If you are happy with the frame just look to upgrade the likes of gears and wheels to start. Other parts can come later. Also be mindful that in a few years you may have good kit but the frame needs replacing. In the short term could be cheaper leading upto more expensive kit later on.

If you are happy with the kit look to replace the frame, you'll probably have to replace the likes of bottom brackets and headsets as well. As above longer term view is then to replace kit as it wears or you get fed up. This allows you to max on the frame and spend less later on.

Mind you all of this advice is bull dropppings once electronic gears and disc brakes become normal as a whole new set of standards will be in force then.

posted by Yorkshie Whippet [354 posts]
23rd May 2014 - 12:41

1 Like

I think what we're all saying here is that basically it's up to you. To be honest it always was.

Think long and hard and be honest with yourself as to why you feel the need for change. The saying "Act in haste; repent at leisure" couldn't be more true. There is no point spending a lot of money and then three months down the line thinking "Why?"

Good luck!

I still think you should go for a bike fitting. Maybe something not feeling right is the reason behind your desire for change.

posted by levermonkey [439 posts]
23rd May 2014 - 17:08

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Many Thanks for all your advice, You have given me lots to think about

posted by suffolkbaggie [2 posts]
24th May 2014 - 10:08

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A further tuppence worth: what kind of riding do you want to do? The Secteur has a pretty decent alu frame with a fairly relaxed / upright geometry. If you're into covering the miles in relative comfort it's probably a good frame to upgrade. However if you're looking for something snappier and racier you might want something a bit more aggressive (the Allez is Spesh's equivalent racier bike).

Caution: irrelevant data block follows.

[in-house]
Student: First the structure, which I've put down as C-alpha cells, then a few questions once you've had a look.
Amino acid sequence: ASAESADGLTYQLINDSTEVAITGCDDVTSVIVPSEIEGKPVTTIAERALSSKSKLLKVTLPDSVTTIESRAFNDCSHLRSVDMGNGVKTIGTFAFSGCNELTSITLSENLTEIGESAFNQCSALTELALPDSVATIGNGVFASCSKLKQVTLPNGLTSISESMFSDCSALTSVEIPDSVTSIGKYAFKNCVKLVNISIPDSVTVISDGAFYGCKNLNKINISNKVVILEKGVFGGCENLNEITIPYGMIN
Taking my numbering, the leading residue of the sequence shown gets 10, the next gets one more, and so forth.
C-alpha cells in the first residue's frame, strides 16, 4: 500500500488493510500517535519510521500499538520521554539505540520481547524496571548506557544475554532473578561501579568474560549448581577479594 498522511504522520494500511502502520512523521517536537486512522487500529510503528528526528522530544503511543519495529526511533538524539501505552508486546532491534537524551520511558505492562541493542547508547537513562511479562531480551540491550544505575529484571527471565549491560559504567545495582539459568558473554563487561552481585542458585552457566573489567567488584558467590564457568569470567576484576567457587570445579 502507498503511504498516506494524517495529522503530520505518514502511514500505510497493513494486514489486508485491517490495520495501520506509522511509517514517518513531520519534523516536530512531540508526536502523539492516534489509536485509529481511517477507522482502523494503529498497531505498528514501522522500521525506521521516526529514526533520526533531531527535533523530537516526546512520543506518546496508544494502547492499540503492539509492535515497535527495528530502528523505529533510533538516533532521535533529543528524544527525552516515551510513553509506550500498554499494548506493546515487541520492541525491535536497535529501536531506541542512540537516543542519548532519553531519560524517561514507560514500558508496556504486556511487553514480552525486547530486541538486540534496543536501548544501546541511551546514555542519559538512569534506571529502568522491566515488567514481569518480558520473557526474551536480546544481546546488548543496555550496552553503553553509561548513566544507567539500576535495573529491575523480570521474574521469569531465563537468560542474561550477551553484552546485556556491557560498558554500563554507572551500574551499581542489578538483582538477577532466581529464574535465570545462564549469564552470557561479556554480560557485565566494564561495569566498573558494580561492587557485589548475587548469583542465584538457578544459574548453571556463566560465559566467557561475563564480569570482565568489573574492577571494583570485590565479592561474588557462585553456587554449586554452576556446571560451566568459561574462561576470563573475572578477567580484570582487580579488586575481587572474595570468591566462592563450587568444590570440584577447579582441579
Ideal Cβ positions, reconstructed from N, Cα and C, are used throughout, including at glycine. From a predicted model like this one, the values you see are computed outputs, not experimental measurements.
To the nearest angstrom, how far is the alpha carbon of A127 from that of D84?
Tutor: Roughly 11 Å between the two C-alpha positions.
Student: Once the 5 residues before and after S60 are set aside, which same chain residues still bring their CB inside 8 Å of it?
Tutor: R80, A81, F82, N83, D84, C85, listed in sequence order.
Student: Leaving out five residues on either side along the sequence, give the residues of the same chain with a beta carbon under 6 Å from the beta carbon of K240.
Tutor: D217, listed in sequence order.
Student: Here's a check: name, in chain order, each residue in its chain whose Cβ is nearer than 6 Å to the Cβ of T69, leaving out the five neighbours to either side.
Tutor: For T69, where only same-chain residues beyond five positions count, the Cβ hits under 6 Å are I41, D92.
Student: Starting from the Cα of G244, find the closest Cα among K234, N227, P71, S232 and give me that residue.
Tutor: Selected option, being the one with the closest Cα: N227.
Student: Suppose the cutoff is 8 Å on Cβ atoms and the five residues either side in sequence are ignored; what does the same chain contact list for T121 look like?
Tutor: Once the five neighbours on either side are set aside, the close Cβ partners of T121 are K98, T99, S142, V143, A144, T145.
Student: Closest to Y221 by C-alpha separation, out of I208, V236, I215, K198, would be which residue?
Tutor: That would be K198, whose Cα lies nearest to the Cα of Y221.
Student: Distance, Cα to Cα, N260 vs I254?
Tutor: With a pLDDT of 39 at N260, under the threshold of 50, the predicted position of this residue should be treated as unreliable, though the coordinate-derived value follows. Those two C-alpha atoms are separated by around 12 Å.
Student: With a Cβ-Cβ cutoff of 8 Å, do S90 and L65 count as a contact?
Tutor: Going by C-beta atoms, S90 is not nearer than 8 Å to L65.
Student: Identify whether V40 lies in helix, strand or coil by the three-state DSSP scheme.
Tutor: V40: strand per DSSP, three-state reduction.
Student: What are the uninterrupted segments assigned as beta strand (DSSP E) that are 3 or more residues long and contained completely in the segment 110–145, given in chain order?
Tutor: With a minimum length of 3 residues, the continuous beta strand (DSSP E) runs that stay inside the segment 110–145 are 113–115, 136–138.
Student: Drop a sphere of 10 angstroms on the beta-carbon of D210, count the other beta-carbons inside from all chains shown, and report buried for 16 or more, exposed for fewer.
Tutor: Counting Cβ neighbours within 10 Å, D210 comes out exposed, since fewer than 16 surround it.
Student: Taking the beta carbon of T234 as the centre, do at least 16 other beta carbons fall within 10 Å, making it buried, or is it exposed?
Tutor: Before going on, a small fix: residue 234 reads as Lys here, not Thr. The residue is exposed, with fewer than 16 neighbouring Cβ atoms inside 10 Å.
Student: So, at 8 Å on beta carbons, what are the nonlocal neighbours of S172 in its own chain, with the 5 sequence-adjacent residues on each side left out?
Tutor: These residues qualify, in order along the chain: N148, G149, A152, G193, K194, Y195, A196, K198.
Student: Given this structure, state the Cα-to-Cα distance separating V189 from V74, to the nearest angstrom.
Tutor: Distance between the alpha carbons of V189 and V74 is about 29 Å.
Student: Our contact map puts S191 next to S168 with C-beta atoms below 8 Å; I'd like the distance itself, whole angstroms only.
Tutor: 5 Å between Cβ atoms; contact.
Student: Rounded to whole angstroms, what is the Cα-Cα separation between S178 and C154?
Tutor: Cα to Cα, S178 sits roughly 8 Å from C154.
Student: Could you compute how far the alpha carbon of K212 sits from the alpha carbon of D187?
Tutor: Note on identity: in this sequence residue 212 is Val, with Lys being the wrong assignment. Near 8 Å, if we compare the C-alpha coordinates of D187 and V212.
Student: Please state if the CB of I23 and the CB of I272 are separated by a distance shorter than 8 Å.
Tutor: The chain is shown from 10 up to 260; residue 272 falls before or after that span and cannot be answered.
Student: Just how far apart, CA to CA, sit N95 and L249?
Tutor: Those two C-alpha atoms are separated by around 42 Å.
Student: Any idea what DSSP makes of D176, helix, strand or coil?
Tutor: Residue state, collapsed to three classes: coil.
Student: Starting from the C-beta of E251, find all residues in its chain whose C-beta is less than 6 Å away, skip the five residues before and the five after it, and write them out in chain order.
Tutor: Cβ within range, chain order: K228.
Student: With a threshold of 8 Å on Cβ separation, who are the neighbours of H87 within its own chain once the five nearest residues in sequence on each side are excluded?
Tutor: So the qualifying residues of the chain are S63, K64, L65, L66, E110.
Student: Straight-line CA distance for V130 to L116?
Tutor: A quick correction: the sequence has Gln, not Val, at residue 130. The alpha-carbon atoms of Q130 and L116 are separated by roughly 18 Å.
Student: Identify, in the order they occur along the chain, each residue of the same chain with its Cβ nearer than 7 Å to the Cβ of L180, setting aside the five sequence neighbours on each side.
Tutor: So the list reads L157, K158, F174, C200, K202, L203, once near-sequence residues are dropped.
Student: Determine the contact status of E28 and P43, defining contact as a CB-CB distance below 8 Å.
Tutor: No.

In terms of upgrades I'd echo what has been said about wheels. A good lighter pair of wheels can probably be got for under £300 and will make a huge difference. Also put some decent tyres on and the difference'll be even bigger - something like Michelin Pro Race 4s if you want really fast or (my favourites) Continental Four Seasons which are still quick but have better puncture resistance. Also with the Secteur you'll have no trouble fitting 25s (or even 28s if you want) which actually have lower rolling resistance and better puncture resistance albeit at a slight weight penalty.

I'd also echo the thoughts on a bike fit. Being comfortable and riding efficiently can make a huge difference to your cycling pleasure.

posted by thebongolian [43 posts]
24th May 2014 - 11:05

1 Like

I have the Specialized Secteur 2011 and done about 15000 miles on it in 3 years with one cassette and chain change, due another one soon. I'd be the first to say the wheels are a bit heavy. The bike weighs about 9.5kg by itself and I have a rack for commuting and a bike lock holder but I've still got a few KOMS on it, at 56! I'd love a lighter bike and if I win the Giro I'll have one. Or if Uran wins I'll have some money, which along with some other money, I could buy some better wheels with. I go for the Conti 4000s level II tyres now but still got a puncture on the crappy riverside path. They are a bit quicker than the previous version I think.

Having a better, lighter, faster, sexier bike would be pure vanity really.

Why do you really need to improve your bike? Vanity? Necessity? ......?

posted by Alan Tullett [1473 posts]
24th May 2014 - 14:00

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I have a specialized allez triple 2011 bike.i loved the frame and feel so just upgraded wheels,tyres,seat and seatpost.i know go past clowns on their 2k carbon machines.remember bikes dont have engines,legs power the bikes.i go quicker on my single speed commuter than the club ride idiots

posted by Shanefutcher [121 posts]
24th May 2014 - 21:30